Tue May 25, 2004
When Mickey Went To War
The latest series of "Walt Disney Treasures" to be released from the Disney vaults includes DVD sets devoted to Mickey Mouse, Donald Duck, Disney in Space and Beyond, and the much-delayed release of Disney's World War II-era films. The latter has been released as a limited edition (only 250,000 copies) two-disc DVD set, called "Walt Disney on the Front Lines." Long sought by collectors, most of these films were, until now, unavailable to the general public, even in this day and age of the Internet.
On December 8, 1941, the Walt Disney Studios were taken over by the United States armed forces. Work on most of the already scheduled Disney projects slowed, and most of the manpower at the studio was redirected toward producing short films, both animated and live action, for the war effort. These consisted of comical, morale-boosting shorts featuring Disney characters, as well as educational and propaganda shorts and films.
I first heard of the impending release of the Front Lines collection back in 2002, and was eagerly awaiting this set's release. Would these films, so of their time in the early 1940s, be of interest today? The answer, with few exceptions, is yes.
Included on this set are 32 short subjects, several galleries of concept and insignia artwork, interviews with Roy Disney, animators John Hench and Joe Grant, and the full-length feature film "Victory Through Air Power." Donald Duck (who had eclipsed Mickey Mouse in popularity by this time) stars in many of the wartime cartoons, including the famous, and Oscar-winning "Der Feuhrer's Face," wherein Donald has a nightmare about working in a Nazi munitions plant. Poor Donald is forced to march for miles and miles and is frustrated by his pup tent in "Fall Out; Fall In," and gets to bomb a Japanese airfield all by himself in "Commando Duck." Donald also encourages us to "pay our taxes to stop the Axis" in "The New Spirit." It's hard to imagine our government today encouraging us to pay our taxes cheerfully to support a war, so this short gets an extra laugh or two because of its dated nature.
The "educational" shorts included in the set are one or two steps above bone dry in entertainment value, but historically, they are fascinating to watch. I was quite intrigued by "Cleanliness Brings Health," an animated short contrasting the Careless family and the Clean family. Both families are depicted as rural, Hispanic families, and the short shows the devastation that befalls the Careless family when they doesn't bother to clean up, or dig a latrine, wash their hands, or keep tidy. I would love to speak to some of the historians on the Disney lot about shorts like this, to ask who was the target audience for this short. Perhaps it was shown in more agrarian areas of the country.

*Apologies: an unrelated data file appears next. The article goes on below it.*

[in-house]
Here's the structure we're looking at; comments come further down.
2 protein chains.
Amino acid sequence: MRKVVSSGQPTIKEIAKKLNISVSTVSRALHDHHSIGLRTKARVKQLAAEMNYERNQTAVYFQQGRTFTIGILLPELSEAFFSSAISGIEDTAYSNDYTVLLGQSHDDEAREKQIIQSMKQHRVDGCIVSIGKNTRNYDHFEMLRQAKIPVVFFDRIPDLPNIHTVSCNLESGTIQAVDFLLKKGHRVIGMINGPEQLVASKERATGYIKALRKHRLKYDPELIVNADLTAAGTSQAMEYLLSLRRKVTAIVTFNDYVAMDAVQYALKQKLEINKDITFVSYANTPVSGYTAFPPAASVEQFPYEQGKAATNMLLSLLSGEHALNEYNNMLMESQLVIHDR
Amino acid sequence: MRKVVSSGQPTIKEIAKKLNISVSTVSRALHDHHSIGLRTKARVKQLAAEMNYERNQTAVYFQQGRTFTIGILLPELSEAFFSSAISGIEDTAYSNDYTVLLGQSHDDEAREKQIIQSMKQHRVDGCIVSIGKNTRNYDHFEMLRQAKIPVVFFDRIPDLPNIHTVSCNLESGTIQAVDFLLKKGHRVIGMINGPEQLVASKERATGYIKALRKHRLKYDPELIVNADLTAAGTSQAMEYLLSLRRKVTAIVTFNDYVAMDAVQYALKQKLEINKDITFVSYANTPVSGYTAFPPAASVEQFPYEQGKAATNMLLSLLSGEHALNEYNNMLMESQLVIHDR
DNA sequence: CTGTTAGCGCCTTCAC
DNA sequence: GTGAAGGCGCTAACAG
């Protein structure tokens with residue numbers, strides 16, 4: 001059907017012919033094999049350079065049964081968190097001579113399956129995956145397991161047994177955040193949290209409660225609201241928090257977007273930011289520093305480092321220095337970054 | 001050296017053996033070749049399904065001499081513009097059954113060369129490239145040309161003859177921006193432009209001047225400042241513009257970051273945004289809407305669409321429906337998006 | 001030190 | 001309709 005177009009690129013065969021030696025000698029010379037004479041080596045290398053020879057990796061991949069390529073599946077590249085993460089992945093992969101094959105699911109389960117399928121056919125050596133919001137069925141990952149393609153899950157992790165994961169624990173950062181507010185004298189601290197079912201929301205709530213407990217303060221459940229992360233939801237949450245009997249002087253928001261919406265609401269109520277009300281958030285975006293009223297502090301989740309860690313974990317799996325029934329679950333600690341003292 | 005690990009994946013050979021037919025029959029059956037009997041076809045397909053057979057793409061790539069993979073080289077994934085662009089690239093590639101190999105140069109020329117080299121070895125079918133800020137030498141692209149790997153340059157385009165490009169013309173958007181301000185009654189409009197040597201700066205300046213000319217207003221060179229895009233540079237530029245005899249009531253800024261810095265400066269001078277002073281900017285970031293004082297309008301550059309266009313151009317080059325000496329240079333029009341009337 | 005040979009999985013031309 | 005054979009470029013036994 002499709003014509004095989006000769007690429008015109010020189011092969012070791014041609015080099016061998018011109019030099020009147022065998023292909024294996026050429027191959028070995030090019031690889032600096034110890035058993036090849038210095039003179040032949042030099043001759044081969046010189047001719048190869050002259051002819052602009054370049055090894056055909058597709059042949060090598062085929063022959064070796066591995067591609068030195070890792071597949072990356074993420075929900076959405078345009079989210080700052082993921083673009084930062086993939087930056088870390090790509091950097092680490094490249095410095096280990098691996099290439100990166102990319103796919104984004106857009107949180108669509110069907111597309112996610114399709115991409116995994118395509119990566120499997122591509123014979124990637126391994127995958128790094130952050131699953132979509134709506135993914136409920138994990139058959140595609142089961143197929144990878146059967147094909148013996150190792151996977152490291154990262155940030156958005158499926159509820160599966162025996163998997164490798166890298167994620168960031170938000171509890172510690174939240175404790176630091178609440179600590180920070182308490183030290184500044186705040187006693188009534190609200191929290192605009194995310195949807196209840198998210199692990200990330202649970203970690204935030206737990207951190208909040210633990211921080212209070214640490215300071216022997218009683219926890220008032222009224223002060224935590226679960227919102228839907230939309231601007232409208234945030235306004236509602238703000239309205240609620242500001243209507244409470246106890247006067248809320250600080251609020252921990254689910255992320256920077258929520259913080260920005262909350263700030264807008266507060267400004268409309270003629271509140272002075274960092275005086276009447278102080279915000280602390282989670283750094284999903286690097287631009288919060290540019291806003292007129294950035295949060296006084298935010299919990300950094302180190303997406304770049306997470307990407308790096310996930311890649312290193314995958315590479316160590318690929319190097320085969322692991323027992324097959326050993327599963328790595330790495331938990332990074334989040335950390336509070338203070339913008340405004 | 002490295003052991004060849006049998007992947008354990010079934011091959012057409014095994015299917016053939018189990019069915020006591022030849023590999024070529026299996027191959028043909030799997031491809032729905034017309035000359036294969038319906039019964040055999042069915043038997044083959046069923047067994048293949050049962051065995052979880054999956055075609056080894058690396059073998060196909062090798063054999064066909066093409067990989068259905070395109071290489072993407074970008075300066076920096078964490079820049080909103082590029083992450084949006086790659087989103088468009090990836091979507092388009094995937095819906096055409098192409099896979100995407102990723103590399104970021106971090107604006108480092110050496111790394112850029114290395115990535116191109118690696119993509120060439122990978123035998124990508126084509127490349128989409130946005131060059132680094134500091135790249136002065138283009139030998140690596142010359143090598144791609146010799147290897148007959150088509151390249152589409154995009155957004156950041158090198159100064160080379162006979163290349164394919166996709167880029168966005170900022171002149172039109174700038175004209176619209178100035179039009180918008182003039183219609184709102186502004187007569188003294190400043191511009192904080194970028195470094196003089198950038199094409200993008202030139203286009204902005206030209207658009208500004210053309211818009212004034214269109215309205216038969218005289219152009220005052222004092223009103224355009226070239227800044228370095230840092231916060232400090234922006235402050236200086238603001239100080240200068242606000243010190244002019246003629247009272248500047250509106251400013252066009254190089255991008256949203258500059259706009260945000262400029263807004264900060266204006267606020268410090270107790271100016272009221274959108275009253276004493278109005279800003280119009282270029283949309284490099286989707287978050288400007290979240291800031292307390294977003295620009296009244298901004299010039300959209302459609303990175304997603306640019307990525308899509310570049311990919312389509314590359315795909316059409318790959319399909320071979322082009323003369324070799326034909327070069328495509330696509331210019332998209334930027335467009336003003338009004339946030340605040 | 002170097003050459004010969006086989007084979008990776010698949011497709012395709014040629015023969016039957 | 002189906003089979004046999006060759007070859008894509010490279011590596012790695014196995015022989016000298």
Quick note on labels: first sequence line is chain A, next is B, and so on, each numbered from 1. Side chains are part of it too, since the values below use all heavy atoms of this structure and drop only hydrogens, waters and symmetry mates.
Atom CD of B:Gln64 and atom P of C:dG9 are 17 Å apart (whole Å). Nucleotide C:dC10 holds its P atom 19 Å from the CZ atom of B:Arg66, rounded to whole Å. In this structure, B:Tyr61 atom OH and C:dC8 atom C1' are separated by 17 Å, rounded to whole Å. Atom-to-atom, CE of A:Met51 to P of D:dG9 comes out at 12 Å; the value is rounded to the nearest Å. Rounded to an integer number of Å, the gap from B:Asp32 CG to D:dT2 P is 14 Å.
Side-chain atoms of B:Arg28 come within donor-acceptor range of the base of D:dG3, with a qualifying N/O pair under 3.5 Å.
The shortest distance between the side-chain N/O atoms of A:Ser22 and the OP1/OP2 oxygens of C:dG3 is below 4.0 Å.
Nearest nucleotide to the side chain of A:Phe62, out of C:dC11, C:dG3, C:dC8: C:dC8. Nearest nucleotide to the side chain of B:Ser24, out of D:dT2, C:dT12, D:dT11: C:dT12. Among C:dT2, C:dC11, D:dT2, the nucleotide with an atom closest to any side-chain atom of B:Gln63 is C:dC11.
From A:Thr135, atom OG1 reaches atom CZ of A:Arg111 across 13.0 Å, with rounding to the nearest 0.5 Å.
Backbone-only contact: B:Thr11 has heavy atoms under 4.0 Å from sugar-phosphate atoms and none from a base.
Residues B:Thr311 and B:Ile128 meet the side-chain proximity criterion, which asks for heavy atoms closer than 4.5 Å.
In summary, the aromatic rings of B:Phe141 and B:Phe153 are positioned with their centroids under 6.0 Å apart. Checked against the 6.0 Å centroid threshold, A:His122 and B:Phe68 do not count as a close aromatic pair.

One more short subject worth noting is "Education for Death: the Making of a Nazi." This short is unlike anything ever produced by the Disney studio, as it follows young Hans as he is indoctrinated into the Nazi ideology in school and in the Nazi army. Using menacing, shadowy images, I can see how the short would effectively scare the bejeezus out of any viewer circa 1943.
The centerpiece of the collection is the 65-minute feature "Victory Through Air Power," a powerful piece of wartime propaganda. Using animation and live action segments, the film's chief goal was to advocate the use of strategic bombing in warfare. It opens with a 20 minute animated "History of Aviation" that is very entertaining, and then moves into the second section of the film, hosted by Major Alexander P. de Seversky. Today, strategic bombing in advance of a surface attack is common, but Seversky's theories were revolutionary at the time. His narration and delivery, combined with the animated illustrations of these theories put into practice, are quite effective in delivering the message in a clear and, dare I say it, inspiring way. It's easy to see how this film, shown to FDR in a 1943 private screening, may have changed the Allies' strategy, and even helped us win the war.
Other features on the set include a couple of rather dry training films illustrating the Disney animators' work, a gallery of sketches and storyboards from the WWII era Disney projects, and most interestingly, the wartime insignia images created by Disney studio artists for use on military aircraft. In this section, you can also discover fun facts like who invented the famous Mickey Mouse cap ears, and the story behind the first Disney signature logo.
Series host Leonard Maltin, a first rate Disney historian, does a good job of putting all of this material in its proper context, though I did tire a bit of seeing him constantly pop up throughout the various features and shorts on the two-disc set.
In all, this "Walt Disney on the Front Lines" is an invaluable resource for historians, teachers, parents, and those wanting to learn about this fascinating time in history, when even Mickey Mouse joined the boys on the front lines. Besides being interesting, the set is incredibly entertaining, too. It's going to occupy a special place on my DVD shelf for many years to come.